Palestinian Authority chairman Mahmoud Abbas wants to "climb down from the tree" and restart talks with Israel, but can't due to widespread pressure, the Associated Press reported Thursday.
According to PA sources several senior PA officials are advising Abbas to forgo plans to seek a unilateral declaration of PA statehood at the UN in September due to opposition to the move from the United States.
However, the sources say the sense is that having announced his intentions to pursue the unilateral UN path, Abbas has "left himself with little room to maneuver and may proceed with the UN gambit simply to avoid a loss of credibility."
"We are trapped with September," one official told the AP. "We don't know what to do after that."
The PA officials, who spoke to AP on condition of anonymity, said several top PA advisers were having second thoughts about the unilateralist track at the UN.
Among them are PLO second-in-command Yasser Abed Rabbo, PA chief negotiator Saeb Erekat; and former PA representative to the UN Nasser Al-Qidwa.
Qidwa noted the limits of Abbas's unilateral UN track earlier this week, saying the PA should still rally behind statehood efforts at the UN, "but we should distinguish between getting support and getting recognition."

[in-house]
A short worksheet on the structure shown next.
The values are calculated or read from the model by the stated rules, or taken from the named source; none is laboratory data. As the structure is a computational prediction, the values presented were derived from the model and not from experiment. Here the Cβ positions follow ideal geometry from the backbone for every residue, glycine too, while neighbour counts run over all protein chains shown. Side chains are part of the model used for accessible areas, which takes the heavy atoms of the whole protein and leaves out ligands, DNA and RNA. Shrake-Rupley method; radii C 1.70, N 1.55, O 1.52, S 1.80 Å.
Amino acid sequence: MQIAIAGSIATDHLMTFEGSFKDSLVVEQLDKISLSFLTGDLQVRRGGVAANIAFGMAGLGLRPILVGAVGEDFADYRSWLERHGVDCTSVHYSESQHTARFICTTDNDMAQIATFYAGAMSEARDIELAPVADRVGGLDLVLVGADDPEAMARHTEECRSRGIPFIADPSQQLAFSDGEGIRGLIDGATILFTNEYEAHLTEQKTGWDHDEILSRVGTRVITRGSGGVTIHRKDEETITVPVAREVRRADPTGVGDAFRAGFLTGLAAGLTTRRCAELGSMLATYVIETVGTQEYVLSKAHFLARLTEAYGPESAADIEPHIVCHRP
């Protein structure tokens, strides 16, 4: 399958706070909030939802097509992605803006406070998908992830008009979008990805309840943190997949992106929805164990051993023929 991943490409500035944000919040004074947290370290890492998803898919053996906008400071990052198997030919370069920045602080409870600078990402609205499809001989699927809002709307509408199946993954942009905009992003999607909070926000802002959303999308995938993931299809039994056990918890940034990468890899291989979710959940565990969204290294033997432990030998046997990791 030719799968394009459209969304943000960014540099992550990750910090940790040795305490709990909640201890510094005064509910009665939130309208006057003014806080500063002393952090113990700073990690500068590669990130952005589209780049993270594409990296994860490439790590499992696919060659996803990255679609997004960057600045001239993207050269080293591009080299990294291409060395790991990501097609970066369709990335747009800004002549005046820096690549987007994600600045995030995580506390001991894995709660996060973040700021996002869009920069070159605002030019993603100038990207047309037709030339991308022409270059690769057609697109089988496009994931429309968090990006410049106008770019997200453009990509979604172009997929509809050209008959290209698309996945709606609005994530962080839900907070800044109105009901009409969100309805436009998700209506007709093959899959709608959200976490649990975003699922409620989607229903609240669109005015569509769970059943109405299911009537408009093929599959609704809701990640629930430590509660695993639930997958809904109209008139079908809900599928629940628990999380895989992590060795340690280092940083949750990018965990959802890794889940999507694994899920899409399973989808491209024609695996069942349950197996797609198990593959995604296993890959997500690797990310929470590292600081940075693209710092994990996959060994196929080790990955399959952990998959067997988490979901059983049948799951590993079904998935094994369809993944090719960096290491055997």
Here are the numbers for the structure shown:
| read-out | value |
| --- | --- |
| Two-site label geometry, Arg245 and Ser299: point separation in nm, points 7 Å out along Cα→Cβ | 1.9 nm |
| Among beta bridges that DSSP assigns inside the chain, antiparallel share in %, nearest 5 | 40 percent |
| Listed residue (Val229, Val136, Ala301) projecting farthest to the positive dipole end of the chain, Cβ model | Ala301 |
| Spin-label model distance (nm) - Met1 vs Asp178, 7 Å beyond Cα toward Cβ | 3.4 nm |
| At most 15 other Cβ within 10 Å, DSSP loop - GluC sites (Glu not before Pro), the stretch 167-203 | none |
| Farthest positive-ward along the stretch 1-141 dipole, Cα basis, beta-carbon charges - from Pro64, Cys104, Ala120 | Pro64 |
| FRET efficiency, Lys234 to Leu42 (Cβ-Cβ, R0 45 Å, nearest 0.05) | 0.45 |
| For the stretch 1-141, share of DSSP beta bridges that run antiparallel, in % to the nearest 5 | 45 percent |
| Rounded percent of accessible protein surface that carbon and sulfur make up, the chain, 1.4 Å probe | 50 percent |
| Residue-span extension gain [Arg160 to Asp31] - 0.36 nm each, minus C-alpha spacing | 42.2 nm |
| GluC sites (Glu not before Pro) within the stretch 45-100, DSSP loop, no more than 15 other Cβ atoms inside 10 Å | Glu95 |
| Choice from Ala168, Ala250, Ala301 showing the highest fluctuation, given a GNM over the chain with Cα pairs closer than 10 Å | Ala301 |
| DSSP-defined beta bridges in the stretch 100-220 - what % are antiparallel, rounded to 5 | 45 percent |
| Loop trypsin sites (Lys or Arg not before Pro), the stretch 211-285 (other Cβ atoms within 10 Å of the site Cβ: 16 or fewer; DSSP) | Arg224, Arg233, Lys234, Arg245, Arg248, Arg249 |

"We cannot get recognition simply because the US will veto it," the AP quoted Qidwa as saying.
Qidwa's comments suggest a growing realization that the unilateral UN track is problematic and promises an unclear conclusion that may not only change nothing, but may backfire and trigger a new wave of violence PA leaders cannot control.
Abbas attempt to step down from his self-created political precipice may be due to serious discussion in the US congress over cutting funding to the PA, which comes as the PA finds itself amidst another budget crisis. Abbas had previously said he would pursue the unilateral track irrespective of US objections - and even if US funds were cut.
Earlier this week, senior Israeli and PA negotiators traveled to Washington and held separate meetings with US officials to explore the possibility of restarting negotiations.
The meetings come as reports say that Hamas is considering leaving the business of politics and governance to Fatah saying its involvement therein has "weakened the resistance enterprise."